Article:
This Monday, Learn how to Make Your Phone a Friend Rather than a Foe.
Your phone might be incredibly useful in your day-to-day: It keeps you up on the news, connects you with friends and allows you to work with colleagues outside of the office. At the same time, it can also be a major source of stress: Research shows that every time you interact with a notification or react to a buzz, you get a shot of adrenaline by activating your sympathetic nervous system. This means your body is constantly in an “alert” mode and, often, by the time it has a chance to recover, it’s signaled to be on the lookout again.
It’s crucial that we learn how to make our phones work for us, instead of involuntarily working for our phones. This doesn’t mean you have to lock your phone up and throw away the key. There are plenty of practices that can help you to be more mindful with your device, while still allowing you to reap all of its convenient benefits. This Monday, try a few of the techniques below.
Keep it out of sight when you need to focus: Research shows that the mere presence of your phone inhibits your ability to focus – even if the phone is turned off! Consider storing your device in your desk drawer or keeping inside your purse – especially when you’re trying to complete a task productively.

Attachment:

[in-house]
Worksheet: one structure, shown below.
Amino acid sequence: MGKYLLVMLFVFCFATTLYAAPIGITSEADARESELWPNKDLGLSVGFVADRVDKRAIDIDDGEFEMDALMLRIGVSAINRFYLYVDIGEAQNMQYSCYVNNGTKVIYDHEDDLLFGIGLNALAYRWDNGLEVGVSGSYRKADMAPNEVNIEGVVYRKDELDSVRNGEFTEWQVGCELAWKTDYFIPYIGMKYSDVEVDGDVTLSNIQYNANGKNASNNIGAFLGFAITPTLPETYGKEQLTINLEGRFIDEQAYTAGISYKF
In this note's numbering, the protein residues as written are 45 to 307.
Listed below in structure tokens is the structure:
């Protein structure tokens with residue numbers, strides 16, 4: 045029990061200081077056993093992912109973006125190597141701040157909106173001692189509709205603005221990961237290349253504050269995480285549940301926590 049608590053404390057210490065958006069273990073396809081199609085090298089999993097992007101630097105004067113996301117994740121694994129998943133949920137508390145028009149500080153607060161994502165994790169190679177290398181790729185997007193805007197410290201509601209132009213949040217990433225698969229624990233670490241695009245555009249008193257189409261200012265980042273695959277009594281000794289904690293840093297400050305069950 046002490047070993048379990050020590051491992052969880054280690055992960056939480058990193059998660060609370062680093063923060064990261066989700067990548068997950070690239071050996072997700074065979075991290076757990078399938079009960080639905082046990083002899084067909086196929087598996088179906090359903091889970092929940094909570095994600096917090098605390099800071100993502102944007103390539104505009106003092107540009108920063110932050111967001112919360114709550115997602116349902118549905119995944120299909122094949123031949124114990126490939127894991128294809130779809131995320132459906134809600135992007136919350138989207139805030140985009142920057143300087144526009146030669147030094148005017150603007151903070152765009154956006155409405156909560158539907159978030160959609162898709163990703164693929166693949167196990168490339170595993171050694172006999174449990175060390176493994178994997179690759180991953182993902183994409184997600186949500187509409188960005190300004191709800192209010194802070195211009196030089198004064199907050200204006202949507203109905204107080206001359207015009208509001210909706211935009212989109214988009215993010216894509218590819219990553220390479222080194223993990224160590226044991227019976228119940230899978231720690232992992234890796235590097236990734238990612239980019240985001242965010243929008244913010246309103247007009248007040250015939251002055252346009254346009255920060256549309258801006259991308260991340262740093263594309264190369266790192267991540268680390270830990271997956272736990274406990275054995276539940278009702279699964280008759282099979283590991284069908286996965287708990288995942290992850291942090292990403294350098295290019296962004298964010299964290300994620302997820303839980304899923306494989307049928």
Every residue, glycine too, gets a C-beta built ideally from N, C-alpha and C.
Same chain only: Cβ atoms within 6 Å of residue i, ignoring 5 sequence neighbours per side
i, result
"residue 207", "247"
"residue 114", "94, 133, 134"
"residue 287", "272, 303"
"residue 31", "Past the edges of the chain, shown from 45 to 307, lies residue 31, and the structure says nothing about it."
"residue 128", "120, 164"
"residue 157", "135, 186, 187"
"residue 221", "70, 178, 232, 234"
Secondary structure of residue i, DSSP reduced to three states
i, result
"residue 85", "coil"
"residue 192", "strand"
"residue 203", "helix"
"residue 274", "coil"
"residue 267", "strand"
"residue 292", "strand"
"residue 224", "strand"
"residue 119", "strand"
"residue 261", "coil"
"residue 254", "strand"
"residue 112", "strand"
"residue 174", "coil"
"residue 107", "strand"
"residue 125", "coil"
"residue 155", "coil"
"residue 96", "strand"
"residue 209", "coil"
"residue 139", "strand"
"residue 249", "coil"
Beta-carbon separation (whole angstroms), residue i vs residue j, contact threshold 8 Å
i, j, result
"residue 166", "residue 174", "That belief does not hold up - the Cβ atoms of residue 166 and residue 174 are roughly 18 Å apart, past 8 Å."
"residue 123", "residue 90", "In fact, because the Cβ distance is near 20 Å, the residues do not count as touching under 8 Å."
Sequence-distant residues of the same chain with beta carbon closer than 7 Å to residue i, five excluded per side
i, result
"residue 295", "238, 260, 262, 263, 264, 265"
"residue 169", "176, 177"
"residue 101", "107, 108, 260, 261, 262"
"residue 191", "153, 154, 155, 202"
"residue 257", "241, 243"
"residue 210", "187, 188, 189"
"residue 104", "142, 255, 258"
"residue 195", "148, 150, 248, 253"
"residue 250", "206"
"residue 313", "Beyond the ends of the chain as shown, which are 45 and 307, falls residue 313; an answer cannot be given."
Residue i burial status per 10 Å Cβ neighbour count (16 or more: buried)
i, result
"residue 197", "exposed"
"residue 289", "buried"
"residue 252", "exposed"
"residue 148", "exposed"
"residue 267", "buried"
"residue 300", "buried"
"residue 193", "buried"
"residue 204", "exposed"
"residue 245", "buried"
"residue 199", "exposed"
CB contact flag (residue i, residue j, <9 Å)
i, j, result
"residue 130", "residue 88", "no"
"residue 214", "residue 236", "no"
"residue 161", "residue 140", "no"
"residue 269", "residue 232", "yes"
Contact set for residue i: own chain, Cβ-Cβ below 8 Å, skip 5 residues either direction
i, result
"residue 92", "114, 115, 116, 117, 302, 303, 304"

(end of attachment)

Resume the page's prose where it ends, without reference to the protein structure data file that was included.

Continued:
Get to know the DND function: Both a vibration and a little red notification actively pull you away from your present moment, begging for your attention and ultimately leaving you flustered. Consider deactivating the notifications that do not serve you: The buzz of news, social media, games and even text messages can be silenced with your phone’s Do Not Disturb function. If there are specific notifications you’d like to receive, you can go through your settings and turn off notifications for individual apps.
Go grayscale: The vibrant colors on your phone are keeping you hooked. Turning your phone to grayscale removes the attention-grabbing color, which will make scrolling through social media a little less fun, thus less addictive. Check out this link to learn how to make your device grayscale.
Use an app: It might sound counterintuitive to use an app on your phone to use your phone less, but there are plenty of high-rated apps dedicated to reducing your screen time. In Moment is especially helpful for anyone wanting to cut down on social media: The app will track your use and allow you to set limits on how often you access platforms like Instagram or Twitter. Another app, called Space, lets you set goals around screen time. Off the Grid functions by way of monetary incentive: the app will make your phone inaccessible for the length of time you choose. If you decide to use your phone during this time, the app will charge you $1.
Reducing the time you spend with your phone is definitely an adjustment, so be patient with yourself as you build up to spending longer periods without it. It may feel hard at first, but once you get more comfortable without your device, you won’t miss it: Instead, you’ll feel less stressed and have more energy to do the things you truly love.